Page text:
Preparation of Trimethyl siloxy-endcapped Polydecylmethylsiloxane MDC10 2150 M
To a suspension of 1-decene (10.25 g, 0.073 mol, 1.1 eq.) and platinum supported on carbon (50 ppm, 14 mg), was added 4 g/0.03 mmol (CH3)3 Si(CH3 HSiO)2150 Si(CH3)3 in hexane (25 mL), which provided a slight exotherm (70° C.). MDH 2150 M was prepared according to the method of Example II. After stirring for 20 hours at 75° C., FTIR analysis of the reaction mixture showed 500 ppm ≡SiH. At this point, additional 1-decene (8.4 g, 0.059 mol) was added, and stirring was continued for 4 more hours at 75° C. After excess 1-decene was stripped (2 mm Hg, 50°-100° C.) from the product, FTIR analysis showed 165 ppm ≡SiH.
This method can be used to make linear or straight-chain trimethylsiloxy endcapped alkylmethyl siloxanes having a degree of polymerization of 1-2200, most preferably 750-2200, containing less than 200 ppm residual ≡SiH, most preferably 25-165 ppm residual ≡SiH.
According to the third embodiment of our invention, complete 100% alkylation of tetramethylcyclotetrasiloxane and pentamethylcyclopentasiloxane is achieved, using highly pure silanol-free cyclic siloxanes DH 4 and DH 5 containing less than about 100 ppm water, anhydrous alpha-olefins (C6, C18, and C30+), and dried anhydrous platinum supported on carbon catalyst. The resulting alkylmethyl cyclic siloxanes contain no branch sites and are not gels. Complete consumption of ≡SiH in DH 4 and DH 5 has not been previously known, so this scenario provides a new method of making ≡SiH free alkylated cyclic siloxane fluids and waxes. By ≡SiH free and zero ppm residual ≡Si-H, is meant the amount of hydrogen present as ≡SiH, within the detection limits of Fourier Transform Infrared Spectroscopy (FTIR), which is less than one part per mi 11 ion.
The method of preparing C6, C18, and C30+ substituted cyclotetrasiloxane and cyclopentasiloxane is illustrated in the following examples.
Preparation of (C6 H13 MeSiO)4.5
To a stirred suspension of dried anhydrous 5% platinum supported on carbon (105 mg, 50 ppm), and anhydrous 1-hexene (64.7 g, 0.77 mol) heated to reflux, was added a silanol-free mixture of 50% by weight DH 4 and 50% by weight DH 5 (40 g, 0.15 mol) containing less than 100 ppm water, at a drop-wise rate over a period of 1 hour. During addition of DH 4 and DH 5, the external heat source was removed, and an exotherm to 110° C. was observed. After addition of the cyclic siloxanes, the platinum catalyst was removed from the reaction mixture by vacuum filtration through a CELITEŽ pad, to afford a translucent oil. Within the detection limits of FTIR, analysis showed zero ppm hydrogen as residual ≡Si-H.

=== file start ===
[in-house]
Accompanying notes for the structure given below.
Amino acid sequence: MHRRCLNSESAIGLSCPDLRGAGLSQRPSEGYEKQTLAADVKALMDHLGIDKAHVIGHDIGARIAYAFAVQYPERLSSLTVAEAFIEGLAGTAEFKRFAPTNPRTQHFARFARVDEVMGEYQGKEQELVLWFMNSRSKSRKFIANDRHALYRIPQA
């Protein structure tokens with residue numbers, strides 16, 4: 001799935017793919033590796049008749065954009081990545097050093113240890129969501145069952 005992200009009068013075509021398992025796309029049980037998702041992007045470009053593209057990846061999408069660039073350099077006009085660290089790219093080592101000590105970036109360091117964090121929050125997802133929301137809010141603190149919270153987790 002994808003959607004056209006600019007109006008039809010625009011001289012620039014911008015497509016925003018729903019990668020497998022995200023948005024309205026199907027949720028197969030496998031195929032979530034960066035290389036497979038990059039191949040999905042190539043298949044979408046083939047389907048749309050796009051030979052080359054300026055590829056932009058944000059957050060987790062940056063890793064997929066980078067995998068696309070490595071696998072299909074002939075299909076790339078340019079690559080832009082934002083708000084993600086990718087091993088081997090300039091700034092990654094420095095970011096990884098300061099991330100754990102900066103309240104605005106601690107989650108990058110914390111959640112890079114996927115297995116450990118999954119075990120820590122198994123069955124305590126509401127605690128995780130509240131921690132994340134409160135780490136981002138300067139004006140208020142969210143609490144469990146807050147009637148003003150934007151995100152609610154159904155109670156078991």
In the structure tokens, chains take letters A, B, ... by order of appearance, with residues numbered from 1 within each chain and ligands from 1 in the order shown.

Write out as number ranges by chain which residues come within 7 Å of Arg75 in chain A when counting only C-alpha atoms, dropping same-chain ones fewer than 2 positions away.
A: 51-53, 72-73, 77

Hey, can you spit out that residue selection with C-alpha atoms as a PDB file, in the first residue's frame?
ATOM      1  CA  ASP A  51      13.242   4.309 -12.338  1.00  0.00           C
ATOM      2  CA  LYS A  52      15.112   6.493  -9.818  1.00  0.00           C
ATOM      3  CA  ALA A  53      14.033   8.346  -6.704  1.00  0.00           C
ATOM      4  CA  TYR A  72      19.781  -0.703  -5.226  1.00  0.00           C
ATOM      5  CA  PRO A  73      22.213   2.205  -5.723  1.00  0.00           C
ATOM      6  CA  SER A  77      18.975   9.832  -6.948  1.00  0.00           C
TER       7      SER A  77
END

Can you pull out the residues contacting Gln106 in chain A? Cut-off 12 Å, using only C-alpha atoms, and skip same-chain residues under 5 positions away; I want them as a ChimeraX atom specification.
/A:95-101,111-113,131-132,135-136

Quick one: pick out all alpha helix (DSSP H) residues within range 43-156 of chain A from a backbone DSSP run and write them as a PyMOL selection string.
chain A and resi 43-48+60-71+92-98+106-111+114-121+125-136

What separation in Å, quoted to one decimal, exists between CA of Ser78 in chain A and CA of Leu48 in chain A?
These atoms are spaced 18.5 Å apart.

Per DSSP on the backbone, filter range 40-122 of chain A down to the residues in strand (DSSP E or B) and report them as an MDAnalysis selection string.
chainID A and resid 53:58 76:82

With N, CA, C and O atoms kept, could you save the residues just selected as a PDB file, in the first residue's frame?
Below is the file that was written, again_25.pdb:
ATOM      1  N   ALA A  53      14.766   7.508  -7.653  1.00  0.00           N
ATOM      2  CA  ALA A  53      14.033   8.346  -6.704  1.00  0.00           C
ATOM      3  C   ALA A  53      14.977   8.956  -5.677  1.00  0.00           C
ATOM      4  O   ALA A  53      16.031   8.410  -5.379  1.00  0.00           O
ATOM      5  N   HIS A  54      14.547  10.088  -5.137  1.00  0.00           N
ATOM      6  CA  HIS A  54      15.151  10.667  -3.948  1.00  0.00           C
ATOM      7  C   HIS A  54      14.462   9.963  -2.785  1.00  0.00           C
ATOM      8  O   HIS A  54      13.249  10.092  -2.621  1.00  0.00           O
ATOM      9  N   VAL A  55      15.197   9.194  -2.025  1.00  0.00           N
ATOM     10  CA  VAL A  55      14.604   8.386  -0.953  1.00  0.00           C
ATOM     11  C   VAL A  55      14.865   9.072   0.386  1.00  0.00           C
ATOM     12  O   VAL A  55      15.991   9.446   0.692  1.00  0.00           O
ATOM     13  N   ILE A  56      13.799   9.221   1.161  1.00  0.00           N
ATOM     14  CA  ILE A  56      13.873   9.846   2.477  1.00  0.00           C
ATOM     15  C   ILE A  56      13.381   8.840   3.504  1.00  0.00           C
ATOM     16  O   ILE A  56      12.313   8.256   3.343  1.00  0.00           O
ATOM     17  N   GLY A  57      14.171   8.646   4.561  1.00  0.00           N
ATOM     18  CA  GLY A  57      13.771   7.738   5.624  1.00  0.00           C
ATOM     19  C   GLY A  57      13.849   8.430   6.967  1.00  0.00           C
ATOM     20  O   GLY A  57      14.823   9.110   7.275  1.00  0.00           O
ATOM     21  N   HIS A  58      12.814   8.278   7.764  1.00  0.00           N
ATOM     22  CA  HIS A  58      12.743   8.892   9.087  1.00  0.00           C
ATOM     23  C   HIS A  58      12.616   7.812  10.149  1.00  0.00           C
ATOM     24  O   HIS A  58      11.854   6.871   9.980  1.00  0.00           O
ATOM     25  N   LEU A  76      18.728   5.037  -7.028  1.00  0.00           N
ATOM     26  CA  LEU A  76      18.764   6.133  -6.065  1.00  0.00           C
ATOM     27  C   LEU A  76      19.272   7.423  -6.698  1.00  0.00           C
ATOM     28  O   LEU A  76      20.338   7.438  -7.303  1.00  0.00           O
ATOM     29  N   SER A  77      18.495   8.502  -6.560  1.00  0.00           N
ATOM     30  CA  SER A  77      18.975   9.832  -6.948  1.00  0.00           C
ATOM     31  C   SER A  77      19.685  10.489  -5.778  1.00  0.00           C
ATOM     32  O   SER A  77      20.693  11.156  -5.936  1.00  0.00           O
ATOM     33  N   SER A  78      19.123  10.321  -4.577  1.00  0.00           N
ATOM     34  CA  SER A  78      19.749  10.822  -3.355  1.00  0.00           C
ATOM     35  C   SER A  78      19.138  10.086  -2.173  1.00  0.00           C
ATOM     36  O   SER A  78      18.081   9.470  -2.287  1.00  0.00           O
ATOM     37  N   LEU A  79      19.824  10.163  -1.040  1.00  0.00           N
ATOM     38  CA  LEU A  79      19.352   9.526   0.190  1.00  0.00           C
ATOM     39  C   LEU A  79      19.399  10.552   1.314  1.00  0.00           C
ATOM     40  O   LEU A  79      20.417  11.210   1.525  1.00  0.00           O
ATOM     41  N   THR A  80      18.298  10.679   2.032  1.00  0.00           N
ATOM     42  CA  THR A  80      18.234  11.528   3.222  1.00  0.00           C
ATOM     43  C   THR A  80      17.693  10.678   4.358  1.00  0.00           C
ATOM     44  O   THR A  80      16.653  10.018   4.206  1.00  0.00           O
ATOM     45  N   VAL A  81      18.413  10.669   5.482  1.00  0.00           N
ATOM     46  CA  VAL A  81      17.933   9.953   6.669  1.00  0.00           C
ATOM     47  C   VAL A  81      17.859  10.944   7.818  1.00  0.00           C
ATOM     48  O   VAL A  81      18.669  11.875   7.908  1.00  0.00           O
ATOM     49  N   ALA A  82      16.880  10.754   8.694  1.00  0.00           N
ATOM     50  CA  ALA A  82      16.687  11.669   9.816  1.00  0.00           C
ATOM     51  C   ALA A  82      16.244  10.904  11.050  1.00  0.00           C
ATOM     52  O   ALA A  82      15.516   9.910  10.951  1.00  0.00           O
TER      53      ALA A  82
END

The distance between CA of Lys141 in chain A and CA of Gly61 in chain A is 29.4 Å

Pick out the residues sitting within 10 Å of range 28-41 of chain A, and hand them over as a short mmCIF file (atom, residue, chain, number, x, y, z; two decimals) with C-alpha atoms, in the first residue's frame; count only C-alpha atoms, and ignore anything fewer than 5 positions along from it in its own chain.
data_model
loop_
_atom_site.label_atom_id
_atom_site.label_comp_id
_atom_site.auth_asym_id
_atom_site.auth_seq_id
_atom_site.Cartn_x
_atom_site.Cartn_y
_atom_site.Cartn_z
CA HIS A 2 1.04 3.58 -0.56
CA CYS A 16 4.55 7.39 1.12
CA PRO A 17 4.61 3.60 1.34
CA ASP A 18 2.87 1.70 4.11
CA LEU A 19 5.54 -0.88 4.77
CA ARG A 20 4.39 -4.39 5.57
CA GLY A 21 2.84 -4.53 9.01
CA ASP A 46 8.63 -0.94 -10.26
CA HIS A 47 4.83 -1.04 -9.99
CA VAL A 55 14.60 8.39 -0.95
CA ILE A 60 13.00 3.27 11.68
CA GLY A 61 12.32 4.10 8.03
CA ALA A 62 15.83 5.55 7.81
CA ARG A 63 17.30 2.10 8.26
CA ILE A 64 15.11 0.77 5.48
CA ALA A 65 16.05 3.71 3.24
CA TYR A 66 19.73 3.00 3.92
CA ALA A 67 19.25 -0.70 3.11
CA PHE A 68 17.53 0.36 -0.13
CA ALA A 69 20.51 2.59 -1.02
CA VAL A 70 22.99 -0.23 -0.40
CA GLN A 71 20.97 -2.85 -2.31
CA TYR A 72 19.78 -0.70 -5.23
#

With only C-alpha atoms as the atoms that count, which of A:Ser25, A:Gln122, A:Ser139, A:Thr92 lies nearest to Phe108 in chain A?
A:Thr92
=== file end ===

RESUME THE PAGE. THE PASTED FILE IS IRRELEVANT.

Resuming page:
Preparation of (C18 H37 MeSiO)4.5
To a stirred suspension of dried anhydrous 5% platinum supported on carbon (63 mg, 50 ppm), and anhydrous 1-octadecene (54 g, 0.22 mol) heated to 120° C., was added a silanol-free mixture of 504 by weight DH 4 and 504 by weight DH 5 (10 g, 0.037 mol) containing less than 100 ppm water, at a drop-wise rate over a period of 30 minutes. After olefin addition, the mixture was stirred at 120° C. for 15 minutes. At this point, the platinum catalyst was removed from the reaction mixture by heated vacuum filtration through a CELITEŽ pad, to afford a white wax with a melting point of 35°-37° C. Within the detection limits of FTIR, analysis showed zero ppm hydrogen as residual ≡Si-H.
Preparation of (C30 H61 MeSiO)4.5
To a stirred suspension of dried anhydrous 5% platinum supported on carbon (34 mg, 50 ppm), and anhydrous C30+ alpha-olefin (28.3 g, 0.054 mol) heated to 110° C., was added a silanol-free mixture of 504 by weight DH 4 and 504 by weight DH 5 (2.9 g, 0.011 mol) containing less than 100 ppm water, at a drop-wise rate over a period of 30 minutes. After olefin addition, the mixture was stirred at 120° C. for 6 hours. At this point, the platinum catalyst was removed from the reaction mixture by heated vacuum filtration through a CELITEŽ pad, to afford a white wax with a melting point of 71°-73° C. Within the detection limits of FTIR, analysis showed zero ppm hydrogen as residual ≡Si-H.
Alpha-olefins CH2 ≡CHR useable in the methods in Examples III-VII include alkenes with 2-30+ carbon atoms, preferably 6-30 carbon atoms, and most preferably 6-18 carbon atoms. In Examples V-VII, particular care should be taken to insure that the alpha-olefin(s) is anhydrous.